As we recall, Rieff (and other recent authors, including Manuel Cruz) says that forgetting:
- is more mature
- is more likely to bring peace
- is no more likely to ensure repetition of a traumatic, violent event than enforced remembrance is to prevent it
If all this is so, then it would seem that a fortiori forgiveness will do likewise, and perhaps do so with better results than forgetting alone. But Rieff does not attend to forgiveness as much as he does to forgetting. Nonetheless, he does end his important and stimulating book with a few lapidary suggestions.
As with his emphasis on forgetting, Rieff is a socio-political pragmatist with regard to forgiveness. Noting that few people are more uncontrollable or more dangerous than "a social group that believes itself to be a victim" (117), he argues that such "victims," whose collective memory has most likely been ginned up or exaggerated in key aspects, must learn to forget those episodes and, more important, the resentment that they engender. In this regard, Rieff's book could equally be titled "in praise of letting go of resentment" insofar as resentment often spurs victims to become perpetrators themselves. If they can let go of resentment and attempt something like forgiveness, then the cycle of vengeance can be broken--or, rather, quoting Borges, "'forgetting is the only vengeance and the only forgiveness'" (145).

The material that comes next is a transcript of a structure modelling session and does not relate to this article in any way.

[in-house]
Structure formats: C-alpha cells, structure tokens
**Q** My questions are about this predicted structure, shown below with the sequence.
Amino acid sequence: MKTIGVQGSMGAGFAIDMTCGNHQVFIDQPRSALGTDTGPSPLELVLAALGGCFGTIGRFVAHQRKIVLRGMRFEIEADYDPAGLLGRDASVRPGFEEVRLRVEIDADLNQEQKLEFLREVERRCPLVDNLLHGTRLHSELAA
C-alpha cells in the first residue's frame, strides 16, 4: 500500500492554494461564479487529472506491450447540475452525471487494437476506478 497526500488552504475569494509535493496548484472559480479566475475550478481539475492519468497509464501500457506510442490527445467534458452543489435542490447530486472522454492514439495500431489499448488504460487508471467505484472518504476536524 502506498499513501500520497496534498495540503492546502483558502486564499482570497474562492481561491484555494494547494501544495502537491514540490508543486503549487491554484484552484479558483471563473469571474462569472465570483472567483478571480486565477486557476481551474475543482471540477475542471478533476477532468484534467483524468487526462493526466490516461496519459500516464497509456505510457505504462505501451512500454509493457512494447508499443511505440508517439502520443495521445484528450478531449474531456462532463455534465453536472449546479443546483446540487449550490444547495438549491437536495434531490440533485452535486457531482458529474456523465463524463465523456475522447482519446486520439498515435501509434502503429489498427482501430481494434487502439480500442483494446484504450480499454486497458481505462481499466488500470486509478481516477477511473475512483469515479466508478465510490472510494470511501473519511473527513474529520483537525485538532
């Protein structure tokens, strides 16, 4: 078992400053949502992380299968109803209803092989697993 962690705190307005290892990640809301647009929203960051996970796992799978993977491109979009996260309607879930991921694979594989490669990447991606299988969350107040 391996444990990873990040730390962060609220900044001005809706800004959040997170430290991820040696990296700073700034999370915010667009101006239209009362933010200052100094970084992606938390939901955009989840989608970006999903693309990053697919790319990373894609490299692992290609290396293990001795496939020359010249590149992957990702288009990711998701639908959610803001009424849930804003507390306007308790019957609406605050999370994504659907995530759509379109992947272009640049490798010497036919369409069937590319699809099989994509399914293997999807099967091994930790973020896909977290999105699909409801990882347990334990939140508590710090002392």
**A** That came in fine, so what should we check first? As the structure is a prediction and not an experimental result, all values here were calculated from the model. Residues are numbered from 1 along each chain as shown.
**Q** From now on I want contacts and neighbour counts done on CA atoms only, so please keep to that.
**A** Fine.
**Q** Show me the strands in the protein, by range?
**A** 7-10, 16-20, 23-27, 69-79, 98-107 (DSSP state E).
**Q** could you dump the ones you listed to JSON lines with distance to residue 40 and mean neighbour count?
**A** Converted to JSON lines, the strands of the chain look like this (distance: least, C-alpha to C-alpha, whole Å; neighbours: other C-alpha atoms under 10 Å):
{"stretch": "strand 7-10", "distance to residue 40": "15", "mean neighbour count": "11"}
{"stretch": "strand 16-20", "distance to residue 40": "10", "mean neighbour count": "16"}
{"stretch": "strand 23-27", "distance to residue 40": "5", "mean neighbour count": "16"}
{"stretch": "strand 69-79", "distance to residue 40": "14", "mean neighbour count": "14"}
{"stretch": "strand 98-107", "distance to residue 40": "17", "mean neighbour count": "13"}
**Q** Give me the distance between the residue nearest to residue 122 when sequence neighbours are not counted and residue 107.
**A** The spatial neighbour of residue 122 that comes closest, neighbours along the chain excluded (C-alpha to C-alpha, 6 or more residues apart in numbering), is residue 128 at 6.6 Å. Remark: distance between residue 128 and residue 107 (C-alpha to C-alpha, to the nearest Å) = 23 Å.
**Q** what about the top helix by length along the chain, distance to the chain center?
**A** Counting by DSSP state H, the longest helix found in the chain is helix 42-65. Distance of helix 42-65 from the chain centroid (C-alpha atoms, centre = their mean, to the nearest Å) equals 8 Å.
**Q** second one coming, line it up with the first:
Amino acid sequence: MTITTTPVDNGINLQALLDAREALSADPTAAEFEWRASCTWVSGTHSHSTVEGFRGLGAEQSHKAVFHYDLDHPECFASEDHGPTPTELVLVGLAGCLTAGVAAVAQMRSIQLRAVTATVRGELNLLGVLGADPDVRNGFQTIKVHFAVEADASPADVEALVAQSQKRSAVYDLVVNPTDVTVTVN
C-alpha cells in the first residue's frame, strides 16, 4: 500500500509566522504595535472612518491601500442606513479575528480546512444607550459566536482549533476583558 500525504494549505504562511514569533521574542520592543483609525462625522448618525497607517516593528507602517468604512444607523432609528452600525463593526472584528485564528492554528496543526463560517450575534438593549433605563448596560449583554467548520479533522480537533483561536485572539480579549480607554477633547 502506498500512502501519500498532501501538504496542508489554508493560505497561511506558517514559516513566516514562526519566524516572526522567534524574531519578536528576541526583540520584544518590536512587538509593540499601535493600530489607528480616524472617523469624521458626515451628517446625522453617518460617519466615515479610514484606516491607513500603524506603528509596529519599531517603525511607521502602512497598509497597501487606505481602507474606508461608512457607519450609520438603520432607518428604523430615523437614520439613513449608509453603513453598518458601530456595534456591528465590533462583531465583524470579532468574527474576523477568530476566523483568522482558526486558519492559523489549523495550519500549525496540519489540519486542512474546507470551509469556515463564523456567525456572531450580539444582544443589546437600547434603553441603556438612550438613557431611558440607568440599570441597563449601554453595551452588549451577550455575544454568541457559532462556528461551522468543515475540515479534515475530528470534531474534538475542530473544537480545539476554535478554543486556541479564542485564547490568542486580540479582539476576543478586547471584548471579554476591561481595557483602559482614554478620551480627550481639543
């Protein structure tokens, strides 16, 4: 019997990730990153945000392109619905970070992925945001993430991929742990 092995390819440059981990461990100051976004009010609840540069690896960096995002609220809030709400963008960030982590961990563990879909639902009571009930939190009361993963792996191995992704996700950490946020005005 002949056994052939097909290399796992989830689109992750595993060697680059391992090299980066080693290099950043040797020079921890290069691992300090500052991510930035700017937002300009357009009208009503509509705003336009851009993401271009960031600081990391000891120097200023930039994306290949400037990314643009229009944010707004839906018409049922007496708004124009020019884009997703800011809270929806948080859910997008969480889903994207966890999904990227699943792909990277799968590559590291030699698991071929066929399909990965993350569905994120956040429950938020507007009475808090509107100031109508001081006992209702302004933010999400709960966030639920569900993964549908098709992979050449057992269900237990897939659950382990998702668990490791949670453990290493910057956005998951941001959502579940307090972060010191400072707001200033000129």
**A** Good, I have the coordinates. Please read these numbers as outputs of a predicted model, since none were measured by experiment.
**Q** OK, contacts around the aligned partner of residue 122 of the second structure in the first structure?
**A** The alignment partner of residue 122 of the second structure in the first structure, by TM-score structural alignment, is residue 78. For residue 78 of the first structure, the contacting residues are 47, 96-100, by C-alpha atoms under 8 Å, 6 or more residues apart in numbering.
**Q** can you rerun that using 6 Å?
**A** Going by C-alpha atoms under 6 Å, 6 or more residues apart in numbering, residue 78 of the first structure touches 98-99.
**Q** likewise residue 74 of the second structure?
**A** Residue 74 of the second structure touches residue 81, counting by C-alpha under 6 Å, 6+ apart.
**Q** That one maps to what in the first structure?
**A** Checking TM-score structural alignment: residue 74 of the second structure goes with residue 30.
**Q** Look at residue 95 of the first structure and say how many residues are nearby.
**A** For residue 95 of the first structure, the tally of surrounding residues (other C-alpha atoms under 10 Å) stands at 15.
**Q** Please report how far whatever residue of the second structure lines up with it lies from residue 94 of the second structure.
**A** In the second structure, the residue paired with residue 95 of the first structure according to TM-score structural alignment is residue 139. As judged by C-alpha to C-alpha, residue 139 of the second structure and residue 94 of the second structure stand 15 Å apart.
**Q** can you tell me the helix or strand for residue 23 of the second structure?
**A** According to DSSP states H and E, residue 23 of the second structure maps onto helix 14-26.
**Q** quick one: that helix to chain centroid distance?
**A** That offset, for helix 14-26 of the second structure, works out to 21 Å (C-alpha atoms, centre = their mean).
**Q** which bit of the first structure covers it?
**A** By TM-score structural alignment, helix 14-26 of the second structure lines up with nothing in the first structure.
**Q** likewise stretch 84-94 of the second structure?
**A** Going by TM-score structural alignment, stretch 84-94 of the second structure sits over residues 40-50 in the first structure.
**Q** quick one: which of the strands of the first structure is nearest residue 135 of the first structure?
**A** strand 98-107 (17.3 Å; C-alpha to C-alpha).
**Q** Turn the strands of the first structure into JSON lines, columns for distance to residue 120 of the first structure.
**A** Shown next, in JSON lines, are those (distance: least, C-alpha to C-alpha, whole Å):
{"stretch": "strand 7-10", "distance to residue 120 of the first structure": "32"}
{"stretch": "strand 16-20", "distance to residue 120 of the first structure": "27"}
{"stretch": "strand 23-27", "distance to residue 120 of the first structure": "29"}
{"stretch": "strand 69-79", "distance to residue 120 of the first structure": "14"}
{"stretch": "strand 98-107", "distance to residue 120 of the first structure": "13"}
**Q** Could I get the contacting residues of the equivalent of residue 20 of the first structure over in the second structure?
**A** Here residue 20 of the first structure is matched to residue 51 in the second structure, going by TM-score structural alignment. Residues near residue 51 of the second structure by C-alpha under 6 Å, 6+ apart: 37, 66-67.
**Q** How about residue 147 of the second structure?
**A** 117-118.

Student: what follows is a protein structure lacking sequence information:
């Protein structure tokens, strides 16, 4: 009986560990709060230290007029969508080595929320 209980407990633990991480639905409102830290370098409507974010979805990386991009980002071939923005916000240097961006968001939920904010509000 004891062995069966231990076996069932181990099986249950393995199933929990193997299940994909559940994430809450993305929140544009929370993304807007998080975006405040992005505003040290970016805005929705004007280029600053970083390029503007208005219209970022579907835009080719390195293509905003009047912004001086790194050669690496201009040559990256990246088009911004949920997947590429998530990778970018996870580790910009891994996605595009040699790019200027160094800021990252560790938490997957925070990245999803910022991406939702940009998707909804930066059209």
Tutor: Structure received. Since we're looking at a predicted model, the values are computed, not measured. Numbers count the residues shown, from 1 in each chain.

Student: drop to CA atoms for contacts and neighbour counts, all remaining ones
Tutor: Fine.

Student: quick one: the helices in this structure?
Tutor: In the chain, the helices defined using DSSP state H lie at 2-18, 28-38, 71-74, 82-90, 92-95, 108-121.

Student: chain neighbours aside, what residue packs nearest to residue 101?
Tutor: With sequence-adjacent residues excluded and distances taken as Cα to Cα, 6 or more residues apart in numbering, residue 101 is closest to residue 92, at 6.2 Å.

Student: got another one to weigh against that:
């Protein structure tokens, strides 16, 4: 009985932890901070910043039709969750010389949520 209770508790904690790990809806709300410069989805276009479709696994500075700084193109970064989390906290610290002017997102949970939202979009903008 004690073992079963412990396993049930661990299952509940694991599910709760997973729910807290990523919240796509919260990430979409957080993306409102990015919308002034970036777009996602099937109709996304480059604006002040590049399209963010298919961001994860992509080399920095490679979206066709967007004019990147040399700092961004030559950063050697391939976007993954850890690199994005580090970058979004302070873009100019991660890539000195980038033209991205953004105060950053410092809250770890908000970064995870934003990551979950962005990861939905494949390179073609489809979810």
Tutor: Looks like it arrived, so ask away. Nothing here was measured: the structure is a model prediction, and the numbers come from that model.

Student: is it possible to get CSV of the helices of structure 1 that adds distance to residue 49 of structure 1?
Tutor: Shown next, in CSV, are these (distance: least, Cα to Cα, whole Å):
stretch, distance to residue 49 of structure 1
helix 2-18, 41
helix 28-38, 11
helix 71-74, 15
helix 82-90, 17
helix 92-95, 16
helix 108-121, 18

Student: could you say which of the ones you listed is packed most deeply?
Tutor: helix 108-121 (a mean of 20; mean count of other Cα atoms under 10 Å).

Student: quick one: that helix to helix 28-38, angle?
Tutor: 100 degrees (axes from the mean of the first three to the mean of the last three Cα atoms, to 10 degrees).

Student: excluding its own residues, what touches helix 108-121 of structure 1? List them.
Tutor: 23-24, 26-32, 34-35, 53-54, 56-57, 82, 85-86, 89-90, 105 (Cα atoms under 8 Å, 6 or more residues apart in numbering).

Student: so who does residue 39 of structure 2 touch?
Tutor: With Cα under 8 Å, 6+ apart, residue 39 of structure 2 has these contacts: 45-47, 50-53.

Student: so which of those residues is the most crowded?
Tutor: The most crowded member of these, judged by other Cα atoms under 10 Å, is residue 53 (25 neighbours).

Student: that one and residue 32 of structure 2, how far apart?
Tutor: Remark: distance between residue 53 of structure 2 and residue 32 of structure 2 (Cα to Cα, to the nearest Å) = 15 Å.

That is, of course, rather weak tea. Christians would have a much stronger, more robust theology of forgiveness based on its divine example and dominical mandate.
As I continue to think with and through Rieff, Cruz, Ricoeur, Vivian, Volf, and others on these questions, I have in mind two test cases: the Union of Brest-Pseudosobor of Lviv trajectory in Russian-Catholic relations and imaginings; and then the Crusades. I shall have more to say about both later.